Your medical and rehab team will likely start you on range-of-motion exercises so that you regain full knee extension as soon as possible. You’ll probably be non-weight bearing for the first two weeks, and most physical therapists will want you to continue to use cold and compression treatments to help keep down swelling, reduce pain and speed your ACL surgery recovery.

Weeks 3-6

Depending on your pre-surgery physical condition, most therapists will start you on walk exercises, gentle strengthening work and limited aerobics. Some therapists recommend regular exercise on a stationary bike to enhance your strength and motion and get your heart rate up. Adding in cold and compression therapy can help further. One study found that 83 percent of all patients who used the ACCEL™ device were able to discontinue use of all pain medication, compared with only 28 percent of those who didn’t use this treatment method.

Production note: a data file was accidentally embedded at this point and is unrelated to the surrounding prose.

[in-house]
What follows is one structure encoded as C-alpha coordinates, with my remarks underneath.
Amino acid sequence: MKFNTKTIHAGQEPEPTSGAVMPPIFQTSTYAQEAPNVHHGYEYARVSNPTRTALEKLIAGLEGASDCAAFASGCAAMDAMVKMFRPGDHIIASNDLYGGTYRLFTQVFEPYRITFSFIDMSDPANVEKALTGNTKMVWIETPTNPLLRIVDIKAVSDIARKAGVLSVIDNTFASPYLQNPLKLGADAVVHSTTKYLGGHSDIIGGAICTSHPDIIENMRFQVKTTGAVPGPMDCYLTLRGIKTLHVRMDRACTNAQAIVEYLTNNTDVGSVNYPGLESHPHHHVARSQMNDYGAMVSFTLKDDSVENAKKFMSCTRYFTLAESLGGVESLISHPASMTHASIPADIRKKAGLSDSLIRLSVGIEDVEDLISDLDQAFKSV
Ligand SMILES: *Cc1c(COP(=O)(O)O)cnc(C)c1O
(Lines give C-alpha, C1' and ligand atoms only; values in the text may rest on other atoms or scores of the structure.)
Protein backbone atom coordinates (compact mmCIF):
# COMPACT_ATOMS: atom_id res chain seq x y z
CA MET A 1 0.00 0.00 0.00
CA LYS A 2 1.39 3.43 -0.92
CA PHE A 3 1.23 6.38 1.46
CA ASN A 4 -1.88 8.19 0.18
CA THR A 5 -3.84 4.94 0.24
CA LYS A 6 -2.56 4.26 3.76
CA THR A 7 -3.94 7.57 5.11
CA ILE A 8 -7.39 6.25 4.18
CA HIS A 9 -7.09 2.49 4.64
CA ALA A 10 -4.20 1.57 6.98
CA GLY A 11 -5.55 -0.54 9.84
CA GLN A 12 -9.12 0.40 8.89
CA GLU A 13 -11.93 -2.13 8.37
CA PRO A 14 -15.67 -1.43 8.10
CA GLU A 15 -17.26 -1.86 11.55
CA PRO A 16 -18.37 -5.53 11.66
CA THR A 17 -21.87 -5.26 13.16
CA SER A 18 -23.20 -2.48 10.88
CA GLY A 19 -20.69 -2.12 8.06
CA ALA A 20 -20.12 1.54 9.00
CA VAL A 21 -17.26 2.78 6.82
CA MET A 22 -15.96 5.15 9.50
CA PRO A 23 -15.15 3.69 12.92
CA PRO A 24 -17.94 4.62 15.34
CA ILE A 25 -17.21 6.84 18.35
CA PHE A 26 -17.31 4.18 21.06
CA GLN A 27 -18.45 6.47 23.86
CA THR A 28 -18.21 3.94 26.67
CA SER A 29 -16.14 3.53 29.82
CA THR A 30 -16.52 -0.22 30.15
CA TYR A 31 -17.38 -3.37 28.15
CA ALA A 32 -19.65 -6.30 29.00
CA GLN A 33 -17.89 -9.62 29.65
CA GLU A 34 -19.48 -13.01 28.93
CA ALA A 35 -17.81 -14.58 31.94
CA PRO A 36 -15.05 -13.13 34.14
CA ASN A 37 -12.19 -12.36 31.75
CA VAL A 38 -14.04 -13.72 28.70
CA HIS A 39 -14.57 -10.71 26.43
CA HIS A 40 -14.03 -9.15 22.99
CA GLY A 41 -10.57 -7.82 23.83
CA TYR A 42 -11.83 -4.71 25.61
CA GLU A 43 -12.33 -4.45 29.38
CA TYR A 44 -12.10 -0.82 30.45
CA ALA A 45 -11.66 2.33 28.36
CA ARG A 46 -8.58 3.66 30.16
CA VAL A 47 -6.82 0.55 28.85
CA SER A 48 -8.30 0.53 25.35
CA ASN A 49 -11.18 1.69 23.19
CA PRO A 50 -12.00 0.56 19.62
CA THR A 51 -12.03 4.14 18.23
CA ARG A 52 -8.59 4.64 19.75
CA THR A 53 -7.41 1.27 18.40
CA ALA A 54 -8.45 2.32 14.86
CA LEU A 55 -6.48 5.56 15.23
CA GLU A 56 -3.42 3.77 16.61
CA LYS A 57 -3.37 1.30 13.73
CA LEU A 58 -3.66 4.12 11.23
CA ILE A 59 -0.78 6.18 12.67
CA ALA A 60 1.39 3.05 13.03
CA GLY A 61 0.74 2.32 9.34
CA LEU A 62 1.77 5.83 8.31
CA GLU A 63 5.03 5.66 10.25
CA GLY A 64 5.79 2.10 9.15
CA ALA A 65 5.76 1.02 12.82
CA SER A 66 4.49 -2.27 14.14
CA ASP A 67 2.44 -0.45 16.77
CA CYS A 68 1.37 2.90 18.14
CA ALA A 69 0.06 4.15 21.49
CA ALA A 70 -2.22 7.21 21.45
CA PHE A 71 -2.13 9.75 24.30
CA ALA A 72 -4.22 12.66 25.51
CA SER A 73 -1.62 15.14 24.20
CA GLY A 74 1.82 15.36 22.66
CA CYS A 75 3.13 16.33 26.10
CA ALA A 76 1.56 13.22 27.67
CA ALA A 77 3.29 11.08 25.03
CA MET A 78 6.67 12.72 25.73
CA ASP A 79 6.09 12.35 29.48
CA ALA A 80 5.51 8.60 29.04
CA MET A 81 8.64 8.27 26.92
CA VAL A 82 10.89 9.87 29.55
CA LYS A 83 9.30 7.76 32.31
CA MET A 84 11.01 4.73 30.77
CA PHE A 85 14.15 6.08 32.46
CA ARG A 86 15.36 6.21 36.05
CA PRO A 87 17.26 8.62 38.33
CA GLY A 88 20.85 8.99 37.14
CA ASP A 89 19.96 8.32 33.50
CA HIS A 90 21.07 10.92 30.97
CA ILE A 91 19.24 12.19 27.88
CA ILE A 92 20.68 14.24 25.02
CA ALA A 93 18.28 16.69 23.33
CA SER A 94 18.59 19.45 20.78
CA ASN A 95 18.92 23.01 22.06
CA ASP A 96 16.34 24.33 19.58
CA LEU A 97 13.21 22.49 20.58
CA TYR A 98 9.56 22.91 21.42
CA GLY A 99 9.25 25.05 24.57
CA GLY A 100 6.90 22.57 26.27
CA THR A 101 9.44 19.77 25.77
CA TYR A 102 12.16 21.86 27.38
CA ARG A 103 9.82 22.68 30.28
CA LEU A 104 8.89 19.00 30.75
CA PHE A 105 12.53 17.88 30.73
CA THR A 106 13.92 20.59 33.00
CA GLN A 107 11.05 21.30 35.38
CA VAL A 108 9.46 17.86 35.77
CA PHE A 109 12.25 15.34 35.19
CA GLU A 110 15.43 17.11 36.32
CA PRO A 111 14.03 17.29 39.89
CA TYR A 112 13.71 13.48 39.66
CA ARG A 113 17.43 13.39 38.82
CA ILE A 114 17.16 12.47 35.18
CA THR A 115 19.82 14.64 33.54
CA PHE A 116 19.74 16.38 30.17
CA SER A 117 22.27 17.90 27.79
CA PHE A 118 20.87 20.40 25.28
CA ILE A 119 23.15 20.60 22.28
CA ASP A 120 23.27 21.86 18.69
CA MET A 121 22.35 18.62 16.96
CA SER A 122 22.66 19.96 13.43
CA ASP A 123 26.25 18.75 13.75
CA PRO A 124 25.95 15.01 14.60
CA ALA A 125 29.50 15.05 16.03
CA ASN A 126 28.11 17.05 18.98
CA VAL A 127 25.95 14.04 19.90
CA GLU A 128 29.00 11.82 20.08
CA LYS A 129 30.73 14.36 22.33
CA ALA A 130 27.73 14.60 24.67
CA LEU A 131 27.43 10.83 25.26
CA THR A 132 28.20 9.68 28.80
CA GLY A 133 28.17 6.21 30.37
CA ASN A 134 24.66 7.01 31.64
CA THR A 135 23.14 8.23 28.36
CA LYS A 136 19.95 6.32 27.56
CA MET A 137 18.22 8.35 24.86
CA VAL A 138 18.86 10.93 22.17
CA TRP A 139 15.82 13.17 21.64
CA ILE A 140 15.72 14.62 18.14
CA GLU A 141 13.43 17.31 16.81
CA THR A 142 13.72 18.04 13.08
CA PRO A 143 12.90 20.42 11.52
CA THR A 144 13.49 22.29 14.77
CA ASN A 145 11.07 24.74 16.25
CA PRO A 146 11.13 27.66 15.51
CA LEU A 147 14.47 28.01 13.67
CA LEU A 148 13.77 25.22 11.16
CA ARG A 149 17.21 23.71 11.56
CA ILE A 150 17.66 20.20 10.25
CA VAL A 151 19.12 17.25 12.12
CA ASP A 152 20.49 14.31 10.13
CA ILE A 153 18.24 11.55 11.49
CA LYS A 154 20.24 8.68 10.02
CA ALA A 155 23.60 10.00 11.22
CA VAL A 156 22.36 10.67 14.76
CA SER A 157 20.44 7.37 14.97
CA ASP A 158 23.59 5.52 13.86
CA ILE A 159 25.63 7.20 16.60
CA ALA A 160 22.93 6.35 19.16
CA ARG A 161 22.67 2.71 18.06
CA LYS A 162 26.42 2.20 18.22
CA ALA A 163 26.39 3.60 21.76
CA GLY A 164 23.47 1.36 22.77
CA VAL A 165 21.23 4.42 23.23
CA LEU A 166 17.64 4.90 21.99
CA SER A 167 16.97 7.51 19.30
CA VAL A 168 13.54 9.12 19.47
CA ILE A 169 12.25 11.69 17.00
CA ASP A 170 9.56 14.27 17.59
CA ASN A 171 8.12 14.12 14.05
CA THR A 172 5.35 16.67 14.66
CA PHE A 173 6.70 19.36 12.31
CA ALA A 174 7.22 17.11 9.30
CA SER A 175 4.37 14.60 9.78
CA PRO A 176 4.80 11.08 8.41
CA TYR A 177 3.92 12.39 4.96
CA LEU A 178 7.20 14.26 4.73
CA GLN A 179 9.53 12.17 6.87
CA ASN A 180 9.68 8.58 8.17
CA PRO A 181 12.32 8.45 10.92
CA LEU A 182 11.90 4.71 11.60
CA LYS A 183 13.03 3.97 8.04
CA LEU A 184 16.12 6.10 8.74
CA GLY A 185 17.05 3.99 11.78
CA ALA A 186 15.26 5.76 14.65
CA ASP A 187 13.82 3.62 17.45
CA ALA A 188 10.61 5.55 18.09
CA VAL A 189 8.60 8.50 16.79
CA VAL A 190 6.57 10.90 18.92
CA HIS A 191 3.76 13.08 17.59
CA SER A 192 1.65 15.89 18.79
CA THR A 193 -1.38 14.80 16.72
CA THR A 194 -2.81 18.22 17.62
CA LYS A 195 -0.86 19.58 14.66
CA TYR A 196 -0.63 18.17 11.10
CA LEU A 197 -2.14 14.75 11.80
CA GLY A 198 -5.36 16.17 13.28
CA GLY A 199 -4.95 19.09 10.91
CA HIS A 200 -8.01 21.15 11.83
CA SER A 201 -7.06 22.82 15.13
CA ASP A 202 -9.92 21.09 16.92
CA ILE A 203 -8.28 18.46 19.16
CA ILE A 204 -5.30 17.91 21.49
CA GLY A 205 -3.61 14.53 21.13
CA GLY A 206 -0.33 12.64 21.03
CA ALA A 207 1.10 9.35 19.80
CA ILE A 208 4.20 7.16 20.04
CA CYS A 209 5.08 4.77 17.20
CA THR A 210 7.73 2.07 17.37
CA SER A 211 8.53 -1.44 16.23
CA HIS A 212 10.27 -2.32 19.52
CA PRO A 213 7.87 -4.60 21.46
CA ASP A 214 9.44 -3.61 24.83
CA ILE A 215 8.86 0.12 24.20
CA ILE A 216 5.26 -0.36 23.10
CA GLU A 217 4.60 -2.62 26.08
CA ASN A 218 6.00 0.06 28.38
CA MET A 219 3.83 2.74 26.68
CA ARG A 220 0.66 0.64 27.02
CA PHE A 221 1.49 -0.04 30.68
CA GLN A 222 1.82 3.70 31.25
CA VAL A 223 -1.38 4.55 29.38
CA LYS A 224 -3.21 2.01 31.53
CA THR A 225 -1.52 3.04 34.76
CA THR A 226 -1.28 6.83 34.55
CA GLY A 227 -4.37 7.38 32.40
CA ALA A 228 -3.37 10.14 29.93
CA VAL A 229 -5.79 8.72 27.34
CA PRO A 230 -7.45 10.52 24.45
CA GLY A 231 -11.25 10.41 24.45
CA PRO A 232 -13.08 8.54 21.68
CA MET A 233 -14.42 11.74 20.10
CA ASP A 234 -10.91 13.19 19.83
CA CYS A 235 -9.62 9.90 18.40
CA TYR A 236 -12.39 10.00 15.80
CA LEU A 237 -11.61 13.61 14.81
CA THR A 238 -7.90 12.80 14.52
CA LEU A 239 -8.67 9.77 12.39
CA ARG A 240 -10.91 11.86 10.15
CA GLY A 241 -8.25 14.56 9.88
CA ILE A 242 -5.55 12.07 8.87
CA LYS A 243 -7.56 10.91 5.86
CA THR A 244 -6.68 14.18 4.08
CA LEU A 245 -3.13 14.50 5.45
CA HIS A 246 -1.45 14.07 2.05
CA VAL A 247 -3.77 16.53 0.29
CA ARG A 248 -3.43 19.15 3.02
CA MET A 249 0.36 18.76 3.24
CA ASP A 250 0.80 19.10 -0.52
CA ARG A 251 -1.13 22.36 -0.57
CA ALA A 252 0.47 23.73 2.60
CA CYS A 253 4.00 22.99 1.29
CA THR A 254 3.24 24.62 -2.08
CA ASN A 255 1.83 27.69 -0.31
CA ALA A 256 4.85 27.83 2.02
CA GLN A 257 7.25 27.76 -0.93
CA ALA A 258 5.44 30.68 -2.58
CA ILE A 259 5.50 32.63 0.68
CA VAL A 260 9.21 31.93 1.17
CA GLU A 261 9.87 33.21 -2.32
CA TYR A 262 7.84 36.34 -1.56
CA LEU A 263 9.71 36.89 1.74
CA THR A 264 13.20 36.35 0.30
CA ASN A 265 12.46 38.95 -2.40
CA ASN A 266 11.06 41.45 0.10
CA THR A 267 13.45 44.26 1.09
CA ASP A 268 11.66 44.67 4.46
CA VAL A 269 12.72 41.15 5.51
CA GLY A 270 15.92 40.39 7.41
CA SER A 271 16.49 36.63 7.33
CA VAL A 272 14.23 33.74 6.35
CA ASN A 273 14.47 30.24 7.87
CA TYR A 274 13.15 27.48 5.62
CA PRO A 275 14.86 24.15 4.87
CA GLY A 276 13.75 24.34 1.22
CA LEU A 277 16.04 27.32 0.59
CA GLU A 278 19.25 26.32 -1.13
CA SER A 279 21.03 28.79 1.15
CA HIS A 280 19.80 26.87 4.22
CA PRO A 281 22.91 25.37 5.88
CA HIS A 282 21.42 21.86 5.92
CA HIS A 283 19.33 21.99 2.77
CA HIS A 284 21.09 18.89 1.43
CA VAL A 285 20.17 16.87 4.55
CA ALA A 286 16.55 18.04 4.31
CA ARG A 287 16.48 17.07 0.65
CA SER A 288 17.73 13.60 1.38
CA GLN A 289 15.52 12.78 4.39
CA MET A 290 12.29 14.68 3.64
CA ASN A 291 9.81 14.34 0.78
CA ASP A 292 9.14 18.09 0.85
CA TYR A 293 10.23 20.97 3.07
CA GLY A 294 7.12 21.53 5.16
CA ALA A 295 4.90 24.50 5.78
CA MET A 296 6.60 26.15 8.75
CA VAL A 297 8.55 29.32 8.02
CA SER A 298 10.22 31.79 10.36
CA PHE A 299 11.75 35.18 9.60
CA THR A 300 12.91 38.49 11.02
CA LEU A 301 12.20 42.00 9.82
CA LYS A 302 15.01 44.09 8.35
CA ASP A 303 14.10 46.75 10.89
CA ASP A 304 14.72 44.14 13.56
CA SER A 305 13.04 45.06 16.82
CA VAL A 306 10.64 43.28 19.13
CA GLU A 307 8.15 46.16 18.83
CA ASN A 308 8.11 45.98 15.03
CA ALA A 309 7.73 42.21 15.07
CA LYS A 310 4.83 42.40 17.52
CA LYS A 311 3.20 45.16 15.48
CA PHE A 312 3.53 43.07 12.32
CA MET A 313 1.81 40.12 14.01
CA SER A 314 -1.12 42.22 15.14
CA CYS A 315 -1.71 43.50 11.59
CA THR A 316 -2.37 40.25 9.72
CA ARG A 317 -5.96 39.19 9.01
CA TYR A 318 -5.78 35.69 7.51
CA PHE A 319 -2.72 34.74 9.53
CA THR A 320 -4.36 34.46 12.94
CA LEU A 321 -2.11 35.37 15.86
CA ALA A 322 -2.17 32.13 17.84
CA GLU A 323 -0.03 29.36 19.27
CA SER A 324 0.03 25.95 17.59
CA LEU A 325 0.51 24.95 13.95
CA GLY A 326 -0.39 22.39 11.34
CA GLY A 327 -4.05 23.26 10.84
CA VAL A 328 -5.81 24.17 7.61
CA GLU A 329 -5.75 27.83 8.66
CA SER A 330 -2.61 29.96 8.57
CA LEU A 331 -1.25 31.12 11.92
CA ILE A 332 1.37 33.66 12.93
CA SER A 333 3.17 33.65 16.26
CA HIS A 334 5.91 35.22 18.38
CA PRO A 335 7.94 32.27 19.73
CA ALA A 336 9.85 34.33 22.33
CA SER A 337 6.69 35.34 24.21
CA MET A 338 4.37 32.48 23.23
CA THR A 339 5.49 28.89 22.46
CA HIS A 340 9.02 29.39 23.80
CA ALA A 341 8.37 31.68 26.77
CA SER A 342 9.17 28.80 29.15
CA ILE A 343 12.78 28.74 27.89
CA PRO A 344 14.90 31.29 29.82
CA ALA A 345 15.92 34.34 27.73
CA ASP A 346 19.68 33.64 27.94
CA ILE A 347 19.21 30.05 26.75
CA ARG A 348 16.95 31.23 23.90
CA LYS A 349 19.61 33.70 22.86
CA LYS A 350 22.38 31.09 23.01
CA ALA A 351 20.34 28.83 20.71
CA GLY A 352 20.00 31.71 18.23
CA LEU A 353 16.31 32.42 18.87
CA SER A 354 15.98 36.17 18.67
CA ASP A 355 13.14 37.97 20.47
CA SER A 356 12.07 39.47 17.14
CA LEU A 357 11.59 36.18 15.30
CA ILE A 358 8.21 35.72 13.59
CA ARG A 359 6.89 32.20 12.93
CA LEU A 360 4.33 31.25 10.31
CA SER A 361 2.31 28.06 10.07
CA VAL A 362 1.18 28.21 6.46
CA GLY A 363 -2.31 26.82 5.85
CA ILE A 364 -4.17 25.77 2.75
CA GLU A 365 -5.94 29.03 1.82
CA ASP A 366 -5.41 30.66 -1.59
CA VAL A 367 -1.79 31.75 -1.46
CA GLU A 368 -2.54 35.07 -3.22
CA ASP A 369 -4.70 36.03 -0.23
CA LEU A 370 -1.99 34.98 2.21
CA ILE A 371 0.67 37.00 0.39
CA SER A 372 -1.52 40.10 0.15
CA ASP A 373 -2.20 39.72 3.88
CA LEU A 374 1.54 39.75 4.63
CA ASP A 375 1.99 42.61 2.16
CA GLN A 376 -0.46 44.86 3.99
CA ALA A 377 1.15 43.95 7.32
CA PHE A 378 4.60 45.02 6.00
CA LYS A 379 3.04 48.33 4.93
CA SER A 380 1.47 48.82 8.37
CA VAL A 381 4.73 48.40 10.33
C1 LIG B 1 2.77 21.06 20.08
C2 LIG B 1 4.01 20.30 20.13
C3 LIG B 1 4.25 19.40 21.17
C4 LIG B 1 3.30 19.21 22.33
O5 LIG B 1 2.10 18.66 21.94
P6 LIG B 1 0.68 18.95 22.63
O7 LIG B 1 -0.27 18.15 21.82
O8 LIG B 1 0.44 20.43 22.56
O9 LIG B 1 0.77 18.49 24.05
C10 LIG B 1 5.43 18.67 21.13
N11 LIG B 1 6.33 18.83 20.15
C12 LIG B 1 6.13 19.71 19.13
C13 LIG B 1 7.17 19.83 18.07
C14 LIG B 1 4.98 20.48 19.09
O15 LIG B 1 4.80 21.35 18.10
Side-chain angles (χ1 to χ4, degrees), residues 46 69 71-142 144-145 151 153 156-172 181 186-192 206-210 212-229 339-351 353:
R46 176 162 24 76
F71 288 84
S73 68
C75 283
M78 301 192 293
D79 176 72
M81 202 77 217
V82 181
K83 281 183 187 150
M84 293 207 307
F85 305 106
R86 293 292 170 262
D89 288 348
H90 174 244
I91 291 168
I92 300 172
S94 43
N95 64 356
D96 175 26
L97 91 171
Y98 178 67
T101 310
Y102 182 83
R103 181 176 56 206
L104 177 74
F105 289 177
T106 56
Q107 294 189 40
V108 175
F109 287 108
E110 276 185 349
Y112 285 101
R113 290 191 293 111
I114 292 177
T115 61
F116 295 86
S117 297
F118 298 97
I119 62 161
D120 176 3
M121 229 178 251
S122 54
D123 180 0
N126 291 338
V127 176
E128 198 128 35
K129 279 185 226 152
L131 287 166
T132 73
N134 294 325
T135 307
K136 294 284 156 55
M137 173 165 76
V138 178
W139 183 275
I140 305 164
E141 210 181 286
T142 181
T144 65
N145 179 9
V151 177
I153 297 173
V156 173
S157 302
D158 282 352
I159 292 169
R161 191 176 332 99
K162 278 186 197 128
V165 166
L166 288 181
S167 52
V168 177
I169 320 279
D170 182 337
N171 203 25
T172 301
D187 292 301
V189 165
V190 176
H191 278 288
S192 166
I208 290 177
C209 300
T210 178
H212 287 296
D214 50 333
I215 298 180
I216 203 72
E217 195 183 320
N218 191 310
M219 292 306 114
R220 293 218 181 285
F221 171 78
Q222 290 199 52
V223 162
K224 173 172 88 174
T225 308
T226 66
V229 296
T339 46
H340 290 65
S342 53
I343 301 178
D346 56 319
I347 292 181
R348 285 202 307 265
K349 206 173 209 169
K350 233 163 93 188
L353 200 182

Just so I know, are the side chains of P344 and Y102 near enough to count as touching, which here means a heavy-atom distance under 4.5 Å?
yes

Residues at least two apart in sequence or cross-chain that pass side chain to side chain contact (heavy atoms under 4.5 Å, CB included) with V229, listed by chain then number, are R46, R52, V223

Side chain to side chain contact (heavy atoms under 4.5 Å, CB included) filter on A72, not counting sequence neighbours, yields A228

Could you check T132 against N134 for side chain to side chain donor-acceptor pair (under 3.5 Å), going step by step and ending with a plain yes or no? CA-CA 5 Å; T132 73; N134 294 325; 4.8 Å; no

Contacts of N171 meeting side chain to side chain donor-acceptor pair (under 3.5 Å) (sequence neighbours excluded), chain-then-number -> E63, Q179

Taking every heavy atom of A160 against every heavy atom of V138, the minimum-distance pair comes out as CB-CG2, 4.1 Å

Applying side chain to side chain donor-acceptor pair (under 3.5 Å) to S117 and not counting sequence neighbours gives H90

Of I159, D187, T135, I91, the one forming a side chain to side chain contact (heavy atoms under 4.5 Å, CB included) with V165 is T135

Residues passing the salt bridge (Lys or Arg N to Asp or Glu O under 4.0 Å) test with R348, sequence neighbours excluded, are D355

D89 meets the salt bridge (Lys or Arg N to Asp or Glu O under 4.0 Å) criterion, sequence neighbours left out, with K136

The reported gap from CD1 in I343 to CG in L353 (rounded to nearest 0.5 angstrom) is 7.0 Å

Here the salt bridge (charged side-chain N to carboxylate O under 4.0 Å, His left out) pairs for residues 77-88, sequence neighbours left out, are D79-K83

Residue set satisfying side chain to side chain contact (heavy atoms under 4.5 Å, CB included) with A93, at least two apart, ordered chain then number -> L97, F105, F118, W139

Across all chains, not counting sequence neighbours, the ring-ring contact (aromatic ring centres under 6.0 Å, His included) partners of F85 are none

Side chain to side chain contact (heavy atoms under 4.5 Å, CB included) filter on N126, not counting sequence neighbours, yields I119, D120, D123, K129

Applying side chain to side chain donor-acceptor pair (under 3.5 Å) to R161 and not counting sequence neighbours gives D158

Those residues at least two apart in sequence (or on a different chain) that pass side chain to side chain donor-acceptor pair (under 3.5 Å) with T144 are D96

Weeks 7-12

You’ll increase your activity level; some patients begin jogging around the 12th week, if their medical and physical therapy team feels they’re ready. Other activities that you may begin to enjoy at this stage include outdoor cycling, water workouts, jumping rope, and lateral shuttles. Experts advise avoiding sports that require side-to-side or pivoting motions such as basketball, soccer or football. Continue to ice down your knee and apply compression, because at this stage you’ll find, as do many other users of the ACCEL™ system, that it helps you recover faster from your workout so you don’t lose days due to swelling or pain.

Months 4-7